It's been a while since we've posted a blog - we apologize! We have got into the routine of daily life here in Brazil, and there's not always much different going on to inspire a new post.
Most of you who read our blog are familiar with Brazilian culture, but I wanted to share a few incidents that illustrate the Brazilian mentality. A couple weeks ago, we got into the car and drove up to the back gate that opens onto the road (our only way out). We were shocked to see the entire street had been dug up and the dirt and cobble stones were piled at least a meter high all the way across the entrance to our gate. There was no way we could get out with the car. David asked to speak to the man in charge of the operation and he told him that we had to leave because we had somewhere we had to be. The workers around us laughed and one of them said, "well, there's nothing we can do about that." David told them that they needed to advise the residents before digging up the street and blocking exits. (we ended up calling someone to give us a ride)
The road has been in a semi-drivable state since then until a few days ago when they dug things back up. Thankfully, our neighbor across the street was smart and befriended the workers, giving them water and such. He asked them to fill in part of road with dirt so he could at least drive in and out of his drive way. This benefited us too, as well as our church members who would have no other way to get their cars onto church property.
Today we left our house for a few hours and when we came back, wouldn't you know that things were dug up again and we couldn't get inside our gate. David called a worker over and explained our situation and after a few minutes, we had a path we could use to get inside. Who knows how long this will go on because Brazil is notorious for taking their time with such projects. As David told somebody recently, "That's Brazil for you. If things were any different, it wouldn't be Brazil."
Here's another story. Because of problems we've been having with people jumping over our wall and stealing our stuff and beating up our dog, we had an electric fence put up all the way around the walls surrounding our house. That was a situation in and of itself that I won't go into. After it was put up, we still had the problem of our gates being too short since the walls were raised for the electric fence. The space between the gate and the fence was too big and somebody could get through it, so we hired a guy to lengthen our gates. (in case you're wondering, our other gate isn't big enough for a car to get through -- otherwise, we wouldn't have the problem or getting in and out of our house) Back to the gate guy, David paid him part of the fee in advance at least two weeks ago. Everyday, the man would say he would be here at such-and-such an hour and everyday, he wouldn't show up. The one day he did show up, it began to sprinkle slightly and he said he couldn't work in the rain so he left and, you guessed it, didn't come back. I guess David went and talked to him and was pretty firm with him about finishing the job because yesterday morning, a few minutes before church, I heard loud banging on our front gate. It was the man with two of the gate extensions which he had brought over on his bike. I told him we had church in a few minutes and wouldn't be back until later. He said he wanted to go ahead and get started on the job since David was "aperriado" (annoyed/frustrated) with him. This was two weeks after he was supposed to do the job! So he left the gate extensions in our yard, promising to be back later on in the day. He finally showed up this morning and got the job done. Who knows how long he would have taken had David not kept after him.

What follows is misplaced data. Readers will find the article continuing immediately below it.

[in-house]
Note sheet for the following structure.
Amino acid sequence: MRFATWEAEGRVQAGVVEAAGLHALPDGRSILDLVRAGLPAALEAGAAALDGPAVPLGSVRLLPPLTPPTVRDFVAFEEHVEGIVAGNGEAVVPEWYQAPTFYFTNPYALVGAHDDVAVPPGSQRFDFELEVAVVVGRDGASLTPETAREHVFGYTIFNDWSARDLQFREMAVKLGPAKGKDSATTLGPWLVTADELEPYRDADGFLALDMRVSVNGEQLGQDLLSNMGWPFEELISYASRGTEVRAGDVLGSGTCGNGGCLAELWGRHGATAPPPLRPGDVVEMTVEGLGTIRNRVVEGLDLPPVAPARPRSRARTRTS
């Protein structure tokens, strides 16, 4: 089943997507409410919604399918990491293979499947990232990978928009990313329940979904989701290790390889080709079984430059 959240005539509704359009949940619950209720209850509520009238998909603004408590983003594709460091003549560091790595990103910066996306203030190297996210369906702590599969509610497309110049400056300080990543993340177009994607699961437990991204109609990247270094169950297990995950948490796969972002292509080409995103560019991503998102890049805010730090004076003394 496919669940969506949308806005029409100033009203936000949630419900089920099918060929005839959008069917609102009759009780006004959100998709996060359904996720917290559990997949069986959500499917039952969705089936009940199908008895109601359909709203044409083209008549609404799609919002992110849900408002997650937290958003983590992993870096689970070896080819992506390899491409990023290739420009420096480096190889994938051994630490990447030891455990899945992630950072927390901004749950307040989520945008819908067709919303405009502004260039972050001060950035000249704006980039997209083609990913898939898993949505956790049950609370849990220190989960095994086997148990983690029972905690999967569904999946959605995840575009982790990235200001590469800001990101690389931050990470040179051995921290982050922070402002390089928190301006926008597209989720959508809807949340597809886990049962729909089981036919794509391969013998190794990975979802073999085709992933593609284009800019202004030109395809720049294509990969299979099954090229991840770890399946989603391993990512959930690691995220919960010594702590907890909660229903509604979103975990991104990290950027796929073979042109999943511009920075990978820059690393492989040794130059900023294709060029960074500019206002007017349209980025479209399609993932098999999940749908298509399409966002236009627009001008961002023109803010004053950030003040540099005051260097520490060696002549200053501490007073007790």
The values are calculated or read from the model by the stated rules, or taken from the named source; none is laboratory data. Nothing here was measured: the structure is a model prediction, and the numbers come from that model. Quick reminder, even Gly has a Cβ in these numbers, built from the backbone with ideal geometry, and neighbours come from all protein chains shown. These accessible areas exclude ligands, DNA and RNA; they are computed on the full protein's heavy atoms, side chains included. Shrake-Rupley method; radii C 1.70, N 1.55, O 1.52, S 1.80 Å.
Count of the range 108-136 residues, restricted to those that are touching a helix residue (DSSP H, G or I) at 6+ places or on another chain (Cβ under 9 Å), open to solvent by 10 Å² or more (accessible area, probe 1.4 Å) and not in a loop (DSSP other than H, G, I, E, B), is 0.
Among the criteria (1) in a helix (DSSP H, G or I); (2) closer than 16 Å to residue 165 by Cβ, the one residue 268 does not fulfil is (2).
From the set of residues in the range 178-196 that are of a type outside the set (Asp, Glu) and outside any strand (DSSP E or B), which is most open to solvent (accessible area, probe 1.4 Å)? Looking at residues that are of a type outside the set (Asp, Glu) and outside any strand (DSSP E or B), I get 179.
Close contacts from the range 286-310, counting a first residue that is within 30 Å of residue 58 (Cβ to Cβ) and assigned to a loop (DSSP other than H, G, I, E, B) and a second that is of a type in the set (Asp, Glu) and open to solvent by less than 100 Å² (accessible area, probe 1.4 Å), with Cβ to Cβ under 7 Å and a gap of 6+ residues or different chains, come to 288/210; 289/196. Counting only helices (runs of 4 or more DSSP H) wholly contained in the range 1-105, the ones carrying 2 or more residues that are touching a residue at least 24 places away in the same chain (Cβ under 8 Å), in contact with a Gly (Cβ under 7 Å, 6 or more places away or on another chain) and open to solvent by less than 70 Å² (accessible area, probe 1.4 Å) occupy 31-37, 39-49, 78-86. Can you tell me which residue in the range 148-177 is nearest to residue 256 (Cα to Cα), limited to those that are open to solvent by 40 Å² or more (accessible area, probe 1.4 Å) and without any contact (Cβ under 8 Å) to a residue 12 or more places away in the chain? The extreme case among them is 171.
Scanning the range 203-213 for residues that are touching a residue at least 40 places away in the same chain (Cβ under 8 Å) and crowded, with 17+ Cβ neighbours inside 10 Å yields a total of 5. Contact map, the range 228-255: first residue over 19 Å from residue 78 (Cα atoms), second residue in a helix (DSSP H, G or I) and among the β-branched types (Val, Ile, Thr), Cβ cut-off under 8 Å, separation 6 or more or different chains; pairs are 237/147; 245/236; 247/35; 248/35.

I could tell you more stories, but then this post will get too long. :) It's not the easiest thing to live here in Brazil as adults responsible for our home and our family. We were just talking today about how we didn't realize a lot of things about Brazil when we were here as kids growing up. We still love it here, but we're still learning things about this country we now call home. Keep praying for us.